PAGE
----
Our three favourite online therapy services are listed below. Please note that none of these services is appropriate in a crisis situation – if you are in immediate, genuine distress, please contact your local mental health support service (in the UK, you can dial 999, or contact the charity Mind).

  1. Online-Therapy.com

Great for: Access to comprehensive CBT toolkit for free; lower cost alternatives to face to face therapy sessions which still offer support from a qualified professional.

Why it’s suited to our community: lot of scope to work through materials independently / at your own pace, ‘basic option’ offers low cost professional support where needed; good for people who are self-motivated.

What else do I need to know? We’ve put Online-Therapy.com at the top of the list because it goes further than other online therapy services, offering a suite of downloadable tools based on Cognitive Behavioural Therapy (CBT) which you can work through in your own time. We think this is perfect for independent solos who – as we know – often like to have space and time to figure things out for themselves. Each plan comes with access to a full therapy toolkit, including wellbeing tests, worksheets, a journal and activity plan, yoga and mediation videos, all of which is available for free for anyone signing up to the site.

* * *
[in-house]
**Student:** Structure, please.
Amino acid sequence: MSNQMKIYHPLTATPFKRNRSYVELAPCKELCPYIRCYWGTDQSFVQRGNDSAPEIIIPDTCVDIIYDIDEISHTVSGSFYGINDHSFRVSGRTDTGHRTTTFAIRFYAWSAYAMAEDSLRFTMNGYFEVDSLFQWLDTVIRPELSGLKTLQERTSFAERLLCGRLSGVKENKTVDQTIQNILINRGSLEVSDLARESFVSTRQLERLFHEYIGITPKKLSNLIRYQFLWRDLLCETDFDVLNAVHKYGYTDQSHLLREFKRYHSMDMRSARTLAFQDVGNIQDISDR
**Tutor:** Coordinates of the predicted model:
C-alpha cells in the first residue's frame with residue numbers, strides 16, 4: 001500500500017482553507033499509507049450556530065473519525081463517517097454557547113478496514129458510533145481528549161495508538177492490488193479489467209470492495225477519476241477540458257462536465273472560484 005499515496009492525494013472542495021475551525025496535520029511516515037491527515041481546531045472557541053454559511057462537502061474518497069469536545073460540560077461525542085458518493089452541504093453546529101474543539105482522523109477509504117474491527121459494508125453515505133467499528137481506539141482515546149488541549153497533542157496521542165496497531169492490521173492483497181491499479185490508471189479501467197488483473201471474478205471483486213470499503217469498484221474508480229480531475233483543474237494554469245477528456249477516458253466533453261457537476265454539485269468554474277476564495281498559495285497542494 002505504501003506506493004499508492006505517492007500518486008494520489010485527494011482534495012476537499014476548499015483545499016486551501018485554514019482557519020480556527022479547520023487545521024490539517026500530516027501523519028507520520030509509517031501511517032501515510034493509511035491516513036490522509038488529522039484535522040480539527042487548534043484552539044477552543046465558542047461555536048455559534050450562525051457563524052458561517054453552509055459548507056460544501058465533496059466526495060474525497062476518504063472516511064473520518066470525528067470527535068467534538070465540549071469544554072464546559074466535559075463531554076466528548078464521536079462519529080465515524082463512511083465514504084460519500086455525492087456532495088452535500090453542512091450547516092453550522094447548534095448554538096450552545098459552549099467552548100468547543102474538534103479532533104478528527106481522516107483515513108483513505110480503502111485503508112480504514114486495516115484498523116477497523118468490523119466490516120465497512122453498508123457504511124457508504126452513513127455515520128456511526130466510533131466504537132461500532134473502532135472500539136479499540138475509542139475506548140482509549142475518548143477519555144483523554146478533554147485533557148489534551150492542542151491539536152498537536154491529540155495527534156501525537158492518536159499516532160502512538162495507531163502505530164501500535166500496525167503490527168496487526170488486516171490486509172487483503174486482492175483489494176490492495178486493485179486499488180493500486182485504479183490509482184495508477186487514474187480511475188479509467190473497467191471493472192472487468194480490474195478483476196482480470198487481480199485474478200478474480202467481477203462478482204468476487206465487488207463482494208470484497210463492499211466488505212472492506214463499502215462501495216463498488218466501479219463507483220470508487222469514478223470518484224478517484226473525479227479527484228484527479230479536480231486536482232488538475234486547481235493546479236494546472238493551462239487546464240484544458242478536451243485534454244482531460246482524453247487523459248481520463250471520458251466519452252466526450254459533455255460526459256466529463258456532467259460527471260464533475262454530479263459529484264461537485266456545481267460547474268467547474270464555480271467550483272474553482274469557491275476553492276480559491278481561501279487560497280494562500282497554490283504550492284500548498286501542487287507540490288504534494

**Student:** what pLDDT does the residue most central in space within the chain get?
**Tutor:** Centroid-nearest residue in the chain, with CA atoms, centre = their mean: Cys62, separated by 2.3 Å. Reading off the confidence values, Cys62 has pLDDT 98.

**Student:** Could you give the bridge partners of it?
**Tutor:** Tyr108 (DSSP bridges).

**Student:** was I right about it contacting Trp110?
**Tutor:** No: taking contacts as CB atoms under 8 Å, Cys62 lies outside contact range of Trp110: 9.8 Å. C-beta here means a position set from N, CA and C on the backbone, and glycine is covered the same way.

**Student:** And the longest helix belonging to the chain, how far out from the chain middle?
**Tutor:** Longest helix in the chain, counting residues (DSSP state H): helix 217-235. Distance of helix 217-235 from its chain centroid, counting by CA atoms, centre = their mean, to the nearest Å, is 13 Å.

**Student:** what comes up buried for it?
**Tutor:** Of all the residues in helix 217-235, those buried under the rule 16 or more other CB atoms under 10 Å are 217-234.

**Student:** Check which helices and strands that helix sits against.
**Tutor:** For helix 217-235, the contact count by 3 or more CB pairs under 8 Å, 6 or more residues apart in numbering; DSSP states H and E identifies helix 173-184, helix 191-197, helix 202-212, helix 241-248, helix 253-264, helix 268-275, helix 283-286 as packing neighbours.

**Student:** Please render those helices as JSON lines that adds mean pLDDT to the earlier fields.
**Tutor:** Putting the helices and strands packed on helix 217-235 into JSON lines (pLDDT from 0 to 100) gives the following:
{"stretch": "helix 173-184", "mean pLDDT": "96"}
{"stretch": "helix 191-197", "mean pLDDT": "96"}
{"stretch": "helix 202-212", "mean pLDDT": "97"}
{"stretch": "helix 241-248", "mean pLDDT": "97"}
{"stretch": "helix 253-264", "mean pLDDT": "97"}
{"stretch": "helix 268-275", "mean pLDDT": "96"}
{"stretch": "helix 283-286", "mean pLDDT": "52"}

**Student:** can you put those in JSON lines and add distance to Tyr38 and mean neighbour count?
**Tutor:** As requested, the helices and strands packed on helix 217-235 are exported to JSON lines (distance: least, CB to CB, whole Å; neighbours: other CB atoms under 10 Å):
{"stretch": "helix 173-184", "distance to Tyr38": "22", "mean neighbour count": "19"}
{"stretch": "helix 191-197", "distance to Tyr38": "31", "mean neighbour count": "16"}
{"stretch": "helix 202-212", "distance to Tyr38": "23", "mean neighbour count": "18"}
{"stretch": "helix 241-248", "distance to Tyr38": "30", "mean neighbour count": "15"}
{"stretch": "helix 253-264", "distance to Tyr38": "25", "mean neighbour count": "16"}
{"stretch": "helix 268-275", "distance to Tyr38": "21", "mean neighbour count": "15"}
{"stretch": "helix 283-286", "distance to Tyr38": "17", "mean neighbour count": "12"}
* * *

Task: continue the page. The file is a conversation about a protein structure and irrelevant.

If you decide you just want to use the tools, then you’ll need to go through the sign up process and select ‘free plan’ at the end to access the toolkit .

If you decide that you want some professional input to support you, then there are several options. The premium programme (usually £70/$79.95 a week, discounted by 20% in the first month) includes two live 30 minute sessions (your choice of video, voice or text chat) each week, along with daily messaging support from Mon-Fri, and regular feedback as you work through the toolkit. The standard option (£40/$47.96 a week with the discount, £50/$59.95 without), includes one live session a week plus messaging and daily feedback, and the ‘basic’ option (£24/$31.96 a week with the discount, £30/$39.95 without) is essentially a messaging / feedback service without the live sessions. We like the basic option because it’s a decent alternative for people who can’t quite stretch to the cost of live therapy / counselling sessions, but who do want the back up of professional support as they work through the exercises.